"That, my friend, is an IT problem. Good luck on your finals!"

    He passed my final, barely. I don't think he ever showed up for the final in the other class, and wound up failing it.

  8. I've thought hard about this, and I can't recall any colorful scams. Either I'm really easy to deceive, or the conditions I create are such that there's nothing they can try, or it wouldn't matter and they know it. On the other hand...

    The OP recalled an occasional source of humor in my classes: the Very Important Minority Student. (They come in male and female versions.) There's this guy I had two years ago: showed up once every two weeks, walked in late and left early. Bombed the tests, obviously. Every once in a while sent me an email pleading for an exception to the rules. The signature made clear he wasn't to be trifled with: President of this and that Minority Organization, Senior in Very Important Major. The name was strongly foreign-sounding. I imagined him saying: "do you know who you're talking to? My father is the minister..." Or maybe he actually said it. Clearly somebody used to instructors who trembled in fear and bowed in deference to his Obvious Importance.

    Last email I got from him was two weeks into the next term, asking if there was anything that could be done about his F: "this is clearly a misunderstanding", he said. It went unanswered.

    1. I would have replied to his last email with, "No. this is clearly a lack of understanding... on your part."

  9. The most audacious was the one whose mother AND brother died during the semester they took my class, and then who developed gall bladder disease in the following semester while taking a colleague’s class. Oh, and the student’s mother died. Again. The student eventually passed both courses, but except for being given extended time for some assignments (there were additional reasons to do so, to ‘cloak our posteriors’ as it were) didn’t get additional special treatment.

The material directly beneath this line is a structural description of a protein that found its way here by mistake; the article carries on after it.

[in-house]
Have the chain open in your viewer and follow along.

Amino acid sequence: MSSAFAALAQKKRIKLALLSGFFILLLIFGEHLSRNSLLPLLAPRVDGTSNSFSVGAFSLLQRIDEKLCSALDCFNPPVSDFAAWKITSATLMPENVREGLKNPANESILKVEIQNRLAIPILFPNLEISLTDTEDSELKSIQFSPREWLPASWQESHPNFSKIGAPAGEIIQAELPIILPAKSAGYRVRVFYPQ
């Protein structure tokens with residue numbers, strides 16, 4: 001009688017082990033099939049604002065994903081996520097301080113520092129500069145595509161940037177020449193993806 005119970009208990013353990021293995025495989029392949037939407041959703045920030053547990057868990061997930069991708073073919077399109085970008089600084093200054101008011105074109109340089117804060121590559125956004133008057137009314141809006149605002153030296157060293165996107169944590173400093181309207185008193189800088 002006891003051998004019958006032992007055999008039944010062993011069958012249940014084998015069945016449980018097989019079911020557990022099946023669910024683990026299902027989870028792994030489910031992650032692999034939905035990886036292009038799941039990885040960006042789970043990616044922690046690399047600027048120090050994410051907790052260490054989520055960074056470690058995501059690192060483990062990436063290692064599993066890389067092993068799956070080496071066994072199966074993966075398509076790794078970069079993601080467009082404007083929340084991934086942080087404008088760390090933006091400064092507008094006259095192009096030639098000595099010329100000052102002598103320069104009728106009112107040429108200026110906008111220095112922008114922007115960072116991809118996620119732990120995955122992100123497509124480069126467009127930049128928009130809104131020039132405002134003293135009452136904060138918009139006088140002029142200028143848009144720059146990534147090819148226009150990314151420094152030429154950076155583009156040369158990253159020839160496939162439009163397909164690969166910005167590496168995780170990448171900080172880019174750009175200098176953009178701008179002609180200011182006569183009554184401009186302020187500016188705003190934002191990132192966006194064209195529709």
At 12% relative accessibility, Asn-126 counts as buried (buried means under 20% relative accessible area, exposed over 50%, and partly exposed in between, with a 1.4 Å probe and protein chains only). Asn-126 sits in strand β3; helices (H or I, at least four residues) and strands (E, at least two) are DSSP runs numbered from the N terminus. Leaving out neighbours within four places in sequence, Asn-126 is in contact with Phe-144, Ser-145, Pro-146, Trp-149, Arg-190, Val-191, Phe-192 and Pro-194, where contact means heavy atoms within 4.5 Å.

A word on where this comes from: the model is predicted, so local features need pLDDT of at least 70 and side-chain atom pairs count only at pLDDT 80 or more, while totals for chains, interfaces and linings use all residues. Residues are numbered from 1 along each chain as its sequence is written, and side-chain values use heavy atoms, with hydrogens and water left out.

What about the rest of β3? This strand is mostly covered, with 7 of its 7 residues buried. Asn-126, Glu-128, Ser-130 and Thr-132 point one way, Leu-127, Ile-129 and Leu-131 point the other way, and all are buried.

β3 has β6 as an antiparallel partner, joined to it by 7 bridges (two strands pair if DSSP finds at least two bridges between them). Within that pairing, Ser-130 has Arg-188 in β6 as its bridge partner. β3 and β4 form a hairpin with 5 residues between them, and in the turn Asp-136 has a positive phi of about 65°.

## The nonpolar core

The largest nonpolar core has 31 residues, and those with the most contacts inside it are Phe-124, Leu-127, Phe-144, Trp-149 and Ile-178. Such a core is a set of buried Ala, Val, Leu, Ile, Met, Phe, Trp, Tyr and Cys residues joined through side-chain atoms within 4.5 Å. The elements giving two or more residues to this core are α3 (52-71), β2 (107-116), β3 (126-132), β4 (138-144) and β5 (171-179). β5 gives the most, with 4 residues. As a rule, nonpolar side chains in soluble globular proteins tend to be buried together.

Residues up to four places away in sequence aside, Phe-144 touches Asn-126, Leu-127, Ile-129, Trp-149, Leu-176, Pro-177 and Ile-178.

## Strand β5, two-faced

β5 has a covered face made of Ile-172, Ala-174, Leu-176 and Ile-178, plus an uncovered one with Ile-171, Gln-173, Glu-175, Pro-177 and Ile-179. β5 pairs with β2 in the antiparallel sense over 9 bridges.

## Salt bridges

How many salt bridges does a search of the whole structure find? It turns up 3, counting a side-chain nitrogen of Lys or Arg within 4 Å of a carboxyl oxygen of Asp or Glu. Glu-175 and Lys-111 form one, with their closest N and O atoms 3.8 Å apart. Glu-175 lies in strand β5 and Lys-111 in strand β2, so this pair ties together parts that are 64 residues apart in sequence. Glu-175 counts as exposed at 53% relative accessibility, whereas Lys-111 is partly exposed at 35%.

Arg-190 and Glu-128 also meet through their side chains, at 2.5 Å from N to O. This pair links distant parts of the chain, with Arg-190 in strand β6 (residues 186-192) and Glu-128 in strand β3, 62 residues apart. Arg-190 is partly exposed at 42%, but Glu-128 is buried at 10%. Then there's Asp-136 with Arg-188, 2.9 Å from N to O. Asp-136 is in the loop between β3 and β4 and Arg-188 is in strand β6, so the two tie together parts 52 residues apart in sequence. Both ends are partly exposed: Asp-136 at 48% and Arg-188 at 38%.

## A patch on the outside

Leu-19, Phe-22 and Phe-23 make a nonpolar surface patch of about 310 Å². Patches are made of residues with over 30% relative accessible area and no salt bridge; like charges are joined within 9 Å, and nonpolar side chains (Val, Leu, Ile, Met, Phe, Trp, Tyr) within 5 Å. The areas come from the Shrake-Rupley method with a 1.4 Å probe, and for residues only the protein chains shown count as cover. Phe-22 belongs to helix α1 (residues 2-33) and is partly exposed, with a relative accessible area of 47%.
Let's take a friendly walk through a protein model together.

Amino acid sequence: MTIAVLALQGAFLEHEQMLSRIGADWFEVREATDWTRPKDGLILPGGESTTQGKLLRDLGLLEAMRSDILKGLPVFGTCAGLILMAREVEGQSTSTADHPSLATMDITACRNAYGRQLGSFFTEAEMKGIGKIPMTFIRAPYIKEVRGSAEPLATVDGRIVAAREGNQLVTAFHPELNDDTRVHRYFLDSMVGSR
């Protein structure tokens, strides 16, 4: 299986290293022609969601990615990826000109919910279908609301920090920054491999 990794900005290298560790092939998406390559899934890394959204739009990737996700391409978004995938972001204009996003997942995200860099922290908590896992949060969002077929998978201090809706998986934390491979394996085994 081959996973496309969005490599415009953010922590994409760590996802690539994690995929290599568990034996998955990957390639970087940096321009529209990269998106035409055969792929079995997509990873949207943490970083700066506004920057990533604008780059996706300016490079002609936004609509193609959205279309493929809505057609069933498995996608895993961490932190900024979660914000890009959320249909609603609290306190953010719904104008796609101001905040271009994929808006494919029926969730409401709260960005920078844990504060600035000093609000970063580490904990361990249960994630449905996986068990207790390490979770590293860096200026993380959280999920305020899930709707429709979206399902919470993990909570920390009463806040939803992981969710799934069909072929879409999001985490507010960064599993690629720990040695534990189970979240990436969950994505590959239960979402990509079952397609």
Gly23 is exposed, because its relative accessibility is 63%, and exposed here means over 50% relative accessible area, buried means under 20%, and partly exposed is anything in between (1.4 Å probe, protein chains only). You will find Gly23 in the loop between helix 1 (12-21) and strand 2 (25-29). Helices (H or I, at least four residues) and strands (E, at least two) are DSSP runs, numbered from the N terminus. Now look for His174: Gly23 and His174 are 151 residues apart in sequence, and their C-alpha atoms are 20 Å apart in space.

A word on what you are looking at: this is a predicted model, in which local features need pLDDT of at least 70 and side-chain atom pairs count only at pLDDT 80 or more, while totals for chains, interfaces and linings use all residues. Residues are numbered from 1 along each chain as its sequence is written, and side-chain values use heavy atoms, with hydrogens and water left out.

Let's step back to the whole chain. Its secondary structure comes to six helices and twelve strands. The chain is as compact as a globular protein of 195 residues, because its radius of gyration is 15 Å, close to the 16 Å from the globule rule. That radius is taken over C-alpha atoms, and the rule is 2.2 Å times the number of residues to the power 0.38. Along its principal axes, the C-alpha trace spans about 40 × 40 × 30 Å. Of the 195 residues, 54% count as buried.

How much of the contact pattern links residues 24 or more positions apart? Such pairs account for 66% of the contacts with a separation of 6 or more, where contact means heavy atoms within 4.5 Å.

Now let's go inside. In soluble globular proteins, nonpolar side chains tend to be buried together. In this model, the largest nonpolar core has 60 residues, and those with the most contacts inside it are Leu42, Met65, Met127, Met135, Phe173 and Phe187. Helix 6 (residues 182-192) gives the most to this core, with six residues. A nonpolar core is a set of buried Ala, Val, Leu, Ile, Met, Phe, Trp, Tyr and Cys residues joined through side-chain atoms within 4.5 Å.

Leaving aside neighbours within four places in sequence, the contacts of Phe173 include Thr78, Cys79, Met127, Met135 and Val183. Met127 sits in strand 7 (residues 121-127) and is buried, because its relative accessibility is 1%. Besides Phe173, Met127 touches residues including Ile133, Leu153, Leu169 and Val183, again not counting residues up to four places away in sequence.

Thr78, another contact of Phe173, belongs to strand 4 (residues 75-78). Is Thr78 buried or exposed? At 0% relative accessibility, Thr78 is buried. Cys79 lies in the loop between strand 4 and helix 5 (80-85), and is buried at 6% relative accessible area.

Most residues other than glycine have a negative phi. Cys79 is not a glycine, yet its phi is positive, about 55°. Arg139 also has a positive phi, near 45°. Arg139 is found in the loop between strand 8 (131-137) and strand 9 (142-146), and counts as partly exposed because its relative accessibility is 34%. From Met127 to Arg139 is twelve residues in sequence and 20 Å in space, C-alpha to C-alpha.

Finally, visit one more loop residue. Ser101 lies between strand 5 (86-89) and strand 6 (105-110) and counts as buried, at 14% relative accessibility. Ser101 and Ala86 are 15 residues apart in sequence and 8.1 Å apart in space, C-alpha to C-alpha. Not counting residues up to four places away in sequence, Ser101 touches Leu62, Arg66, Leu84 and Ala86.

The second most audacious was last year when a student forged medical excuses from a doctor’s office. It was not even very well done; student probably got hold of a colleague’s actual medical excuse, then used about a half bottle of Wite-out, copied new ‘blank forms’ and filled them in. Visible Wite-out streaks and all. At my request (only the Dean has the authority) THIS student got the special failing grade my institution reserves for “failed because of academic dishonesty.” The student even attempted to appeal – basically “please don’t punish me; I only did it because I didn’t want a bad grade in the class.” Duh. The Appeal Committee was not sympathetic. So this same student is in my class again this fall. (Actually, THREE students who received, and unsuccessfully appealed poor grades/academic integrity dings from me are in my class this fall.)

    I am so, so mean.

  10. It sounds like a Nigerian Princess scam...